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Nervous Shock

                         Nervous Shock

The meaning of nervous shock varies from subject to subject but according to the law of tort, it means an injury which is inflicted upon a person intentionally or by negligent actions or omissions of the other. Often, it is applied to psychiatric disorders which are obviously ‘inaccurate’ and ‘bad’ in eyes of law as it disturbs the individual mentally and can cause serious problems.

For the act to be considered as ‘Nervous Shock’ in the law of torts, some requisites are there in order which has to be established before. They are:

  1. At a place or situation where the duty of care exists.

  2. There is a breach of that duty.

  3. The casual link between the breach of the duty and the nervous shock is established.

  4. Where the shock was not too remote a consequence.

Historically, there was no statutory law which defines the term nervous shock or the punishment or provisions regarding that. The offence of nervous shock has been emerged and evolved in Indian Law by the landmark cases which are followed as precedents. Earlier, it was very difficult to establish a link between the subject matter and the shock which the individual gets because of that but slowly as the cases came in front of the Court and the thorough study which is done by the various legal researchers and scholars, the actual law came which could really give the punishment who negligently or intentionally injures the person mentally.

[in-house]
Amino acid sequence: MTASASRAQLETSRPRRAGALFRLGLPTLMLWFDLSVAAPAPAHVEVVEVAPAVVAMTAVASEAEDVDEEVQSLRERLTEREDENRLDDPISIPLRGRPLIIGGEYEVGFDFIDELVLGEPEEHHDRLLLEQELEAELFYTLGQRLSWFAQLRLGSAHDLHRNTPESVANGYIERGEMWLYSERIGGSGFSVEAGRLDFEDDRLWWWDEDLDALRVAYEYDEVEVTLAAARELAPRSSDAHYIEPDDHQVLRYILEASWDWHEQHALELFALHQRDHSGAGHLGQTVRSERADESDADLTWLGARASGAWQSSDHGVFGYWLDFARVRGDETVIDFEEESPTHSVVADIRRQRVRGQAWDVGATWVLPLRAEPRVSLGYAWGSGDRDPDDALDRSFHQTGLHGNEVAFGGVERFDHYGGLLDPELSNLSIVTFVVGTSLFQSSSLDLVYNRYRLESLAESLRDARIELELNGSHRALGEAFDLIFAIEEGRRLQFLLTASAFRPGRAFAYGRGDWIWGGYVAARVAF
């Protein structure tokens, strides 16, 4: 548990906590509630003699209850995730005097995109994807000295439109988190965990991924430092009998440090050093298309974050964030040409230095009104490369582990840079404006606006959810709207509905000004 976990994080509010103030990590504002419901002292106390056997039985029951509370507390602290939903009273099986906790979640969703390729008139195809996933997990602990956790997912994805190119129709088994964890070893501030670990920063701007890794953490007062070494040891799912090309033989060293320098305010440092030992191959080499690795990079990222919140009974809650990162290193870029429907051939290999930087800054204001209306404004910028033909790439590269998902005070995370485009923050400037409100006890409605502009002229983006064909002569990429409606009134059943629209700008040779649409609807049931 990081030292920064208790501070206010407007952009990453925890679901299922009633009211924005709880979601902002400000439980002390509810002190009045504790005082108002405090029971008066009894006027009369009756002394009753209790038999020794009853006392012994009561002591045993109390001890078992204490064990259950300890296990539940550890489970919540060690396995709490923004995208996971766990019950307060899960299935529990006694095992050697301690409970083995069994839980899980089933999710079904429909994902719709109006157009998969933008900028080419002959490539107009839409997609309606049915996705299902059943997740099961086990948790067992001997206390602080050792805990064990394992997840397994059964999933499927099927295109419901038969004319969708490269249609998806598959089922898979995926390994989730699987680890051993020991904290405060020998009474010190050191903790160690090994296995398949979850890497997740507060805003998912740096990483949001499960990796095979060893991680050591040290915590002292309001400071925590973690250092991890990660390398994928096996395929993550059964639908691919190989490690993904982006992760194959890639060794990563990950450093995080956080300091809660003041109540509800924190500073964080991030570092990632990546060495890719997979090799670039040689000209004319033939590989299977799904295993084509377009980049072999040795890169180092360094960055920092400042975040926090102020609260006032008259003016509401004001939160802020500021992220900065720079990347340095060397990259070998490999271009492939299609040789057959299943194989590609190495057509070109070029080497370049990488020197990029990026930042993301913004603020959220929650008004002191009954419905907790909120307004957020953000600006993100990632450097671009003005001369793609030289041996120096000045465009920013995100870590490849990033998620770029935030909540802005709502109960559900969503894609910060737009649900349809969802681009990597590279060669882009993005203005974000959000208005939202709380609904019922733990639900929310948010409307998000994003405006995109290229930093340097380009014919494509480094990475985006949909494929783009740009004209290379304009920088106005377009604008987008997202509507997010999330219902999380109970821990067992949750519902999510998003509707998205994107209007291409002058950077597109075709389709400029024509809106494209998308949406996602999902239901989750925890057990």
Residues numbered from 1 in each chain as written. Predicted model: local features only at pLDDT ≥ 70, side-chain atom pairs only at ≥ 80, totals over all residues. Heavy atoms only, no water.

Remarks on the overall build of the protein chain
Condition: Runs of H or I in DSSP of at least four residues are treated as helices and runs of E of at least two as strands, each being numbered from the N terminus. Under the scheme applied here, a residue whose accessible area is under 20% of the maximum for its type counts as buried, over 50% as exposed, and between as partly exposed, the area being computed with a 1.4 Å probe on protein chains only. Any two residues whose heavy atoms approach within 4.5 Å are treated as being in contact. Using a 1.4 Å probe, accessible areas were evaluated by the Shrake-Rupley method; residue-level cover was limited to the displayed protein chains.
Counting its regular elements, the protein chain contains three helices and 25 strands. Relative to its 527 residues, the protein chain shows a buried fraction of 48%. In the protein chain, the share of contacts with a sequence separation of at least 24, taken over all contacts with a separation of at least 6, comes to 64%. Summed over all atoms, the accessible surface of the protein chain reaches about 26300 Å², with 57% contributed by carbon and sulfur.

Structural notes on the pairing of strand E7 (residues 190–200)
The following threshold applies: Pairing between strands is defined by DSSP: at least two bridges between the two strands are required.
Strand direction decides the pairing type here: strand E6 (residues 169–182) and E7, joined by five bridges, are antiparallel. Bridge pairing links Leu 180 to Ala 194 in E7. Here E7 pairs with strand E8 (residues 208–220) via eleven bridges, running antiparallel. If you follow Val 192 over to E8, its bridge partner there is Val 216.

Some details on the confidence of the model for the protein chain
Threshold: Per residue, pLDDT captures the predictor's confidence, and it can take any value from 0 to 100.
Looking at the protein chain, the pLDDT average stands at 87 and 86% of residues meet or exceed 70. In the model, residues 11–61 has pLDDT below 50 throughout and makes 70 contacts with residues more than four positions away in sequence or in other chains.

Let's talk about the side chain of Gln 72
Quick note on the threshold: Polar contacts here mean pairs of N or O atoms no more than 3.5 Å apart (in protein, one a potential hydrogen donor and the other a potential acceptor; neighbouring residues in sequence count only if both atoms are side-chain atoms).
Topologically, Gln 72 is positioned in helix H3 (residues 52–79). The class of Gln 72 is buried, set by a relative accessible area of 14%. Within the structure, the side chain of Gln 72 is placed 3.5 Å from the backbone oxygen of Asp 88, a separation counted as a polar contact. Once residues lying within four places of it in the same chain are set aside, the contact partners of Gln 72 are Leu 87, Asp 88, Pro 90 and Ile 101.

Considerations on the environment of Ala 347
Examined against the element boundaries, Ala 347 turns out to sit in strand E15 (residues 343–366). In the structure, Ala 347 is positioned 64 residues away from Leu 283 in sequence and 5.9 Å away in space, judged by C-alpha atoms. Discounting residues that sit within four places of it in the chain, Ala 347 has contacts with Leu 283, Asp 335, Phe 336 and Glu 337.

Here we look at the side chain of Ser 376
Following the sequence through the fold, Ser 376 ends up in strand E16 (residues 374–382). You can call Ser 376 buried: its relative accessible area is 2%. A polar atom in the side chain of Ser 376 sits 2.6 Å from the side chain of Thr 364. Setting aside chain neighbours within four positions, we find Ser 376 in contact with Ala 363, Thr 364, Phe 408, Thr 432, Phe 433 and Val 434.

One of the another reason that there is no claim for nervous shock in earlier times was people could easily take the advantage of the situation in the name of the nervous shock. It have the capacity to attract false and dubious claims under the garb of psychiatric illness as it would be very difficult to establish and outline the parameters which led to that. 

Also, the punishment differs according to the victim, that is primary victim and secondary victim. Primary victim is a victim who is directly involved in the accident and the individual suffers injuries as a result of the fault of the tortfeasor and the Secondary victim is a victim who suffers nervous shock without himself/herself being directly exposed to any physical danger in the accident to the primary victim. In the case of secondary victim, the injury has to be established which is reasonably foreseeable but also has to pass the three litmus tests which are as follows:

  1. Proximity of the relationship with the immediate victim. For example: the case should not be like that a bypasser is going and had an accident due to which the person suffered nervous shock. If such thing happens, there should be no offence because nothing is done intentionally or negligently.

  2. Proximity in time and space to the events causing the psychiatric illness. The case should be as such that there is a close relationship between the events which causes psychiatric illness.

  3. The means by which psychiatric illness is caused.

Therefore, whatever the case maybe, the person inflicting injury mentally also should be charged because at the end of the day injury is injury be it physical or mental. It gives immense pain.


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